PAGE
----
Colorado Probate Administration
In its most basic terms, probate is a legal process that takes place after someone dies in order to legally transfer the title in an asset to the beneficiaries designated in a will. The Colorado probate law also governs the process for the distribution of property where there has been no will. The law provides for the determination of who qualifies as an heir to the deceased and what portion of the assets his or her position in the family entitles them to receive. During the probate process, a personal representative (also known as executor) will go through many routine tasks, such as
- Identifying and inventorying estate property
- Paying estate debts and taxes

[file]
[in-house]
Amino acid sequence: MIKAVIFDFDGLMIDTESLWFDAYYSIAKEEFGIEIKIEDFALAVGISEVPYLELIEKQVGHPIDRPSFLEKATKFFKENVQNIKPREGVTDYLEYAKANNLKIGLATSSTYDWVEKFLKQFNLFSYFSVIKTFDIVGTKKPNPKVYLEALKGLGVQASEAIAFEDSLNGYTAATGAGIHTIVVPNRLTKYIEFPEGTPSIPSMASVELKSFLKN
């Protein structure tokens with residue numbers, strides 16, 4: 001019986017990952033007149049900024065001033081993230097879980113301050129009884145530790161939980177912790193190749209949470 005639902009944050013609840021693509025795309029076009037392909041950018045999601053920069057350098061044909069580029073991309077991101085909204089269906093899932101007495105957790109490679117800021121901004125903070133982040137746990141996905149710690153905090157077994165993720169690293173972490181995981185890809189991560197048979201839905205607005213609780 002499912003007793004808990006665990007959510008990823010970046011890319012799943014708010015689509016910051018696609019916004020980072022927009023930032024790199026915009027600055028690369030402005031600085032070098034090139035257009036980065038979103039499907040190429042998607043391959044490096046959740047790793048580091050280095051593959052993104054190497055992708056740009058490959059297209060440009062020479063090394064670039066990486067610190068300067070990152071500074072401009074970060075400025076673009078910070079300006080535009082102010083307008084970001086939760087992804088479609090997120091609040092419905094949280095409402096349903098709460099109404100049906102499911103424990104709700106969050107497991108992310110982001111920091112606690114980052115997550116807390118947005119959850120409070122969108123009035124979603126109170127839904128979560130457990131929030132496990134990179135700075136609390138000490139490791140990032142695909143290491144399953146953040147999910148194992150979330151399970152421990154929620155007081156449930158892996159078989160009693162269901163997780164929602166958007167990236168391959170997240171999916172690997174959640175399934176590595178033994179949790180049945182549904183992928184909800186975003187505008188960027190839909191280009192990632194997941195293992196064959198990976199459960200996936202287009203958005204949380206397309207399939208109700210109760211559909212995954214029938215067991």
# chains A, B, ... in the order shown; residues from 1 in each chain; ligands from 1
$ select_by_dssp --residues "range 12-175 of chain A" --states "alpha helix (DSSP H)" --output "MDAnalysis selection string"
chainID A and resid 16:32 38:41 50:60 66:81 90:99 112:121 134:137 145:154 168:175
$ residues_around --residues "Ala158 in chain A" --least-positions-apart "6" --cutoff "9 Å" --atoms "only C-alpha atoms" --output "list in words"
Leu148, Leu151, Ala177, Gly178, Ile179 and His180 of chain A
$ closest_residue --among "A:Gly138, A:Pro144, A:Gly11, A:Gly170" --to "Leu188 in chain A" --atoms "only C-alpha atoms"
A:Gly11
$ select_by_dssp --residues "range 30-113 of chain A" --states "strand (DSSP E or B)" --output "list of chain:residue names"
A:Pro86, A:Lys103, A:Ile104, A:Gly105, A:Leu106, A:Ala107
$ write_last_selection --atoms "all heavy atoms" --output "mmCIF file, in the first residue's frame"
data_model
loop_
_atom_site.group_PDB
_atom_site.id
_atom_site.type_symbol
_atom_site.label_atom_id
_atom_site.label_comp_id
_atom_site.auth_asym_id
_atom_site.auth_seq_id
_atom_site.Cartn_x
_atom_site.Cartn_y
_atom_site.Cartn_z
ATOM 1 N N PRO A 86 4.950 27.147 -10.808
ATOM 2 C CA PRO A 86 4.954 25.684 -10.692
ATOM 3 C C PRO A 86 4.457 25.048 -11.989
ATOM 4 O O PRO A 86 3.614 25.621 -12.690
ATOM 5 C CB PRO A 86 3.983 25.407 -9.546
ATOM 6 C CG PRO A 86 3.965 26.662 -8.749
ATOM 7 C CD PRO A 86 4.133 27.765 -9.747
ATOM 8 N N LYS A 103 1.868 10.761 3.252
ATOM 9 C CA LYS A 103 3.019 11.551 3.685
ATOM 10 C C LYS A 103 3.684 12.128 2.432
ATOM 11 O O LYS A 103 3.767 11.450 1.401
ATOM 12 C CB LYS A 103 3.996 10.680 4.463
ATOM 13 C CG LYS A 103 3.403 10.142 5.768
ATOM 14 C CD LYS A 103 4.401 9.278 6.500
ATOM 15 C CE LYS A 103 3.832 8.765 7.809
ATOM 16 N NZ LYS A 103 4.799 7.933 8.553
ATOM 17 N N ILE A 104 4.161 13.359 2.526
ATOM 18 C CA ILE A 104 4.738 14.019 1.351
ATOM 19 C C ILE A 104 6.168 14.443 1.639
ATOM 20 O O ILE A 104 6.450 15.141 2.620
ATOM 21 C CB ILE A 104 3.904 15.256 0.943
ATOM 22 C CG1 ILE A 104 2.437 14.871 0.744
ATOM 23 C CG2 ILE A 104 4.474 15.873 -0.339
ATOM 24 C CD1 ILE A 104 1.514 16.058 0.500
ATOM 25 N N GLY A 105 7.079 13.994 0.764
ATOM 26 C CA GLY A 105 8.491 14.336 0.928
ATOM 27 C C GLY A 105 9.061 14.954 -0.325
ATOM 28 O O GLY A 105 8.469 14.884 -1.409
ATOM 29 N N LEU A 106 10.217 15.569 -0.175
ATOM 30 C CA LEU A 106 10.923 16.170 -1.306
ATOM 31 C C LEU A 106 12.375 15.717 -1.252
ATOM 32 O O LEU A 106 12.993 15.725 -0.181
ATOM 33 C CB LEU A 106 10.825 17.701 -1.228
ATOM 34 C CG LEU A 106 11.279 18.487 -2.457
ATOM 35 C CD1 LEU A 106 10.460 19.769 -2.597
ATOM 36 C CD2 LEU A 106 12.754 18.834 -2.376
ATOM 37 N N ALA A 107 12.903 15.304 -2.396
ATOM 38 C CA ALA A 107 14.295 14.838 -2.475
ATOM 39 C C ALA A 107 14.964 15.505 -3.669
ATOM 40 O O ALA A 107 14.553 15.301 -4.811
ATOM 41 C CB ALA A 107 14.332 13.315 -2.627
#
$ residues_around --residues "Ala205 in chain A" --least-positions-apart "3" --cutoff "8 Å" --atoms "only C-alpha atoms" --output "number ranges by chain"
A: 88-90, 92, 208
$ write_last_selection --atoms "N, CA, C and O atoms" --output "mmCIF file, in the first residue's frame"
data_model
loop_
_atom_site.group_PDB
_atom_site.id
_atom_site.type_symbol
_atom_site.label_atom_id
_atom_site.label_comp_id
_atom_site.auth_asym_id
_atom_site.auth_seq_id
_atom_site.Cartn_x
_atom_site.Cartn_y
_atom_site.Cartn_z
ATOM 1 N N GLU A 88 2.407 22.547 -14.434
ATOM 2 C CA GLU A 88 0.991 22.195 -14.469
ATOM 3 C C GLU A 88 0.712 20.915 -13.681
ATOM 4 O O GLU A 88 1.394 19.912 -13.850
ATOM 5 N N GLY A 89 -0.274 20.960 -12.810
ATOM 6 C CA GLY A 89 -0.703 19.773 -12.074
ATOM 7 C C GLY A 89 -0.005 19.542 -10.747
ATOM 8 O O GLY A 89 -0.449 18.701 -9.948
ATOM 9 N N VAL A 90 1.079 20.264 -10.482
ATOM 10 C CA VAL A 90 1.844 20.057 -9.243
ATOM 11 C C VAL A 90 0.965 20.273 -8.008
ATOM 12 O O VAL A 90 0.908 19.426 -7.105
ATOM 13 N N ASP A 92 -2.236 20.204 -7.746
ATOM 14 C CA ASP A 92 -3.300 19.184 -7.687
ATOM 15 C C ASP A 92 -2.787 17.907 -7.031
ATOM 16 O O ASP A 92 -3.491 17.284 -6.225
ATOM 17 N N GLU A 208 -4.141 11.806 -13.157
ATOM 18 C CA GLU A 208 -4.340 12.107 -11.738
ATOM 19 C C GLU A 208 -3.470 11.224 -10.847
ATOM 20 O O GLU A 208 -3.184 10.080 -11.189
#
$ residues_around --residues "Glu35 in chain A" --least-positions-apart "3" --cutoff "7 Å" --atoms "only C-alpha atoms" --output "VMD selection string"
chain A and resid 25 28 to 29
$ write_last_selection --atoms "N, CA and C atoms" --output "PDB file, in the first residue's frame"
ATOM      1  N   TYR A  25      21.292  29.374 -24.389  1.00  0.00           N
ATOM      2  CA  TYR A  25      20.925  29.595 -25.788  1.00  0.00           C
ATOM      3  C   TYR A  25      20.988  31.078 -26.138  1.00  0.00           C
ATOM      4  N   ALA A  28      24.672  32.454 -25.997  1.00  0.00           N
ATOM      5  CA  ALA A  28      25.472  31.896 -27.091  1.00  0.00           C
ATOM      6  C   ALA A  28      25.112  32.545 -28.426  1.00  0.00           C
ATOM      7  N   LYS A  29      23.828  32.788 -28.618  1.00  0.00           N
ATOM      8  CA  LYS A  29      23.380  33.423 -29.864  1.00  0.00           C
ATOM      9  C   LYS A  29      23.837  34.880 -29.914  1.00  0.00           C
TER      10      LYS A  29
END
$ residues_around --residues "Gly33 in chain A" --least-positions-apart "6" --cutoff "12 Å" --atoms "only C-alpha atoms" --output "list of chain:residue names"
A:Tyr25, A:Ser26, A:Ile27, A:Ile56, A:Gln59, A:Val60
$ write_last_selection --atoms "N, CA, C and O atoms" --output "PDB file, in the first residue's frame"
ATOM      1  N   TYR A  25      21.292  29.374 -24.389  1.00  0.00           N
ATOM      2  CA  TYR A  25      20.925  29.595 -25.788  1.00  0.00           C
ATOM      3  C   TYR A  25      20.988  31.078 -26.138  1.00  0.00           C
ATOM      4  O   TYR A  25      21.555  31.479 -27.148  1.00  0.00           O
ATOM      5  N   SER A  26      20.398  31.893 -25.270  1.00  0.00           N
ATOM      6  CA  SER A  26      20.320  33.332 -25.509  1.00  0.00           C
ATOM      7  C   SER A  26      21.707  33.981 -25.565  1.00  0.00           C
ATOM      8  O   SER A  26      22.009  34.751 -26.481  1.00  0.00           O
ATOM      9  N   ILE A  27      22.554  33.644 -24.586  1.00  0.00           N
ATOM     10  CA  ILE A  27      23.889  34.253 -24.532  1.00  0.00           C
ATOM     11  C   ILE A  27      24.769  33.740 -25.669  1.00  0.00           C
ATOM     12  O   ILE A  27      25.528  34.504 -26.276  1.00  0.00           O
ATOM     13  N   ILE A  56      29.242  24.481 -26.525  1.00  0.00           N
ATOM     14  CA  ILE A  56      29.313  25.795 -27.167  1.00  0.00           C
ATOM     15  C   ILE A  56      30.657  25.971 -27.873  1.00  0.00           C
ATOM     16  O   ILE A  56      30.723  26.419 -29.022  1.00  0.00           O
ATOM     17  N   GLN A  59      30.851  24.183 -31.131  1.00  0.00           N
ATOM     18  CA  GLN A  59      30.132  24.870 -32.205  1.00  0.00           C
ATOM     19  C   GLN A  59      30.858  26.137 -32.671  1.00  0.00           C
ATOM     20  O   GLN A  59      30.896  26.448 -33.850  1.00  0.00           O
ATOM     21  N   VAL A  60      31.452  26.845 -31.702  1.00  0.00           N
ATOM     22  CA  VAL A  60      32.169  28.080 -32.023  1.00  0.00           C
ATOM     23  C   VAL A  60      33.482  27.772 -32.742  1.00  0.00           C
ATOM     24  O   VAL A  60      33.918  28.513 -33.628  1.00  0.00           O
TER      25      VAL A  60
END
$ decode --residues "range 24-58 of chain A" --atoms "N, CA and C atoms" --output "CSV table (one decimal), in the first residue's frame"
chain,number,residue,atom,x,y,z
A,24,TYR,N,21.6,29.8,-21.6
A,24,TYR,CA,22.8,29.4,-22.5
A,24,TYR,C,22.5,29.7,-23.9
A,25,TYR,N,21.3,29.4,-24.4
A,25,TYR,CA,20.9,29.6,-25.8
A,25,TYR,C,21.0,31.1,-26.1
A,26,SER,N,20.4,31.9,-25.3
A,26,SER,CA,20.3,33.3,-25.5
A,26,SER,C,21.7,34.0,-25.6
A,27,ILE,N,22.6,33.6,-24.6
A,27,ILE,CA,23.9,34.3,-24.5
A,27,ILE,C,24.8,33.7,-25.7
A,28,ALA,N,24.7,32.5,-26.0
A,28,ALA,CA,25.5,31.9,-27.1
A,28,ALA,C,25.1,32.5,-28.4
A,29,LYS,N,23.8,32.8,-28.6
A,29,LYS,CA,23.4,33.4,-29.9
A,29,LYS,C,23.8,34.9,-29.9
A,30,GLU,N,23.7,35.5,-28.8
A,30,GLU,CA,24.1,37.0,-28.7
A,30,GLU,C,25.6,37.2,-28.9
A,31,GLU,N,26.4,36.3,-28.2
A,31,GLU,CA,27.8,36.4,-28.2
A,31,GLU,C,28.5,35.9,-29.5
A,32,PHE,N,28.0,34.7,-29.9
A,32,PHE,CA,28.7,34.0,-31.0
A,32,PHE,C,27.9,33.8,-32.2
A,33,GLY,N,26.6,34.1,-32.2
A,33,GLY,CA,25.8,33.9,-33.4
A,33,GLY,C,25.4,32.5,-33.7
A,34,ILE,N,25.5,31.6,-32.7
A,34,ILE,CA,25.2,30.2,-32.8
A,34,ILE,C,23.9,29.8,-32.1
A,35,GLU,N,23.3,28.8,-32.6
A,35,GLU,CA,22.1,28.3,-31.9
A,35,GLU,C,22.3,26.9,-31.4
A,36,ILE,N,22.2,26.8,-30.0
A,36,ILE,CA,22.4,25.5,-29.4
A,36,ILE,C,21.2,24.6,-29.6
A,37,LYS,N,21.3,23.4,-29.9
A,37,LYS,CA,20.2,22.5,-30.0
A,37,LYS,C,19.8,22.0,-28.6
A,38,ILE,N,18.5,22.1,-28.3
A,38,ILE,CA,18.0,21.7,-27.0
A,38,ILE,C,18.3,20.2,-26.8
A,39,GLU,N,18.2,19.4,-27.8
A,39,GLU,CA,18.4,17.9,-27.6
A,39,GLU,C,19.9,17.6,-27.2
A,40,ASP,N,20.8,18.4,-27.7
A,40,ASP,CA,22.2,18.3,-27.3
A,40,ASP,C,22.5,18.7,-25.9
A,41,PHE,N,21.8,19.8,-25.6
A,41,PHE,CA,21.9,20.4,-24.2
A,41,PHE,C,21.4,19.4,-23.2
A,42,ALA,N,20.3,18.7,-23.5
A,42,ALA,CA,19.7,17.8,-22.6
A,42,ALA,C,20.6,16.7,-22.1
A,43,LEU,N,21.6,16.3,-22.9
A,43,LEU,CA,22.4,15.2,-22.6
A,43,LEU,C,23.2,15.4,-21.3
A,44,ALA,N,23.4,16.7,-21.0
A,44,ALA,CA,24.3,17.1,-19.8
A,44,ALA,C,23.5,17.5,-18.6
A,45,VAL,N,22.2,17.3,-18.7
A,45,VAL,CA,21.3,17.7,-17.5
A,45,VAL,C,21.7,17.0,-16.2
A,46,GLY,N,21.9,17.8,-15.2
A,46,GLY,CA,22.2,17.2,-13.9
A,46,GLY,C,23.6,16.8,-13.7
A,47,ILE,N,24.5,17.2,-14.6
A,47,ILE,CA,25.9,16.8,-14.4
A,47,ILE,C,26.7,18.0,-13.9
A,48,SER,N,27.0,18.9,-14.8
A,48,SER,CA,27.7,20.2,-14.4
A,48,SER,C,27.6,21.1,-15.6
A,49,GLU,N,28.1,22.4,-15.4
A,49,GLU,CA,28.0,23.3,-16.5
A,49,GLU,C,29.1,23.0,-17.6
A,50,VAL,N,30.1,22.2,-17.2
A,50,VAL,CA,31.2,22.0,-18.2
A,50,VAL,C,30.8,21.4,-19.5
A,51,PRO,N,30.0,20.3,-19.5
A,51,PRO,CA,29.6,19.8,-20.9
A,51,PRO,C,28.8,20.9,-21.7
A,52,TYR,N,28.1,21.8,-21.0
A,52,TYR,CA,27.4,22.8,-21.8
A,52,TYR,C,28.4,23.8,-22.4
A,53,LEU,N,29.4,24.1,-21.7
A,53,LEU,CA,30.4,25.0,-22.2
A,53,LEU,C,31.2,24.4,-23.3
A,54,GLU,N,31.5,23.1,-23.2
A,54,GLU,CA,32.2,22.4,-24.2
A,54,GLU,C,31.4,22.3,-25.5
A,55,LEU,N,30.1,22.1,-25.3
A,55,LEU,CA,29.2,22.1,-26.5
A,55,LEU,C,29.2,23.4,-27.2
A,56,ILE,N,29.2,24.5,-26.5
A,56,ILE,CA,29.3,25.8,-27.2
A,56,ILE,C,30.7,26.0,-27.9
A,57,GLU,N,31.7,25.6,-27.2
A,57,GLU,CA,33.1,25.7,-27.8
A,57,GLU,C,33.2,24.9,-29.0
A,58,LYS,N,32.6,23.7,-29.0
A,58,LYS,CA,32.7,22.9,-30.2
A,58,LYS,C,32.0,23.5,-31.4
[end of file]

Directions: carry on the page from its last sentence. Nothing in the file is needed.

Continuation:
- Distributing property as directed by a will or state law
Though this explanation of probate may seem simple, the process usually is not. There are often a number of different persons interested in the probate estate, including: creditors, other family members, beneficiaries, the surviving spouse, and the personal representative for the estate. Each person has a different interest in the probate administration that is protected by Colorado law. In addition to the expected responsibilities, there may be other legal problems, such as relatives contesting their share of the estate, a challenge to the validity of a will or the size and types of debts included as obligations of the estate. Because of all these competing interests, the steps undertaken to complete a probate administration can be lengthy, time-consuming, and costly-if done improperly.
If you are charged with the responsibility of handling the probate administration of an estate, don't take chances and open yourself up to allegations of improper handling of assets. Get assistance from a professional. Contact our Probate Administration office to find out how we can make your job easier.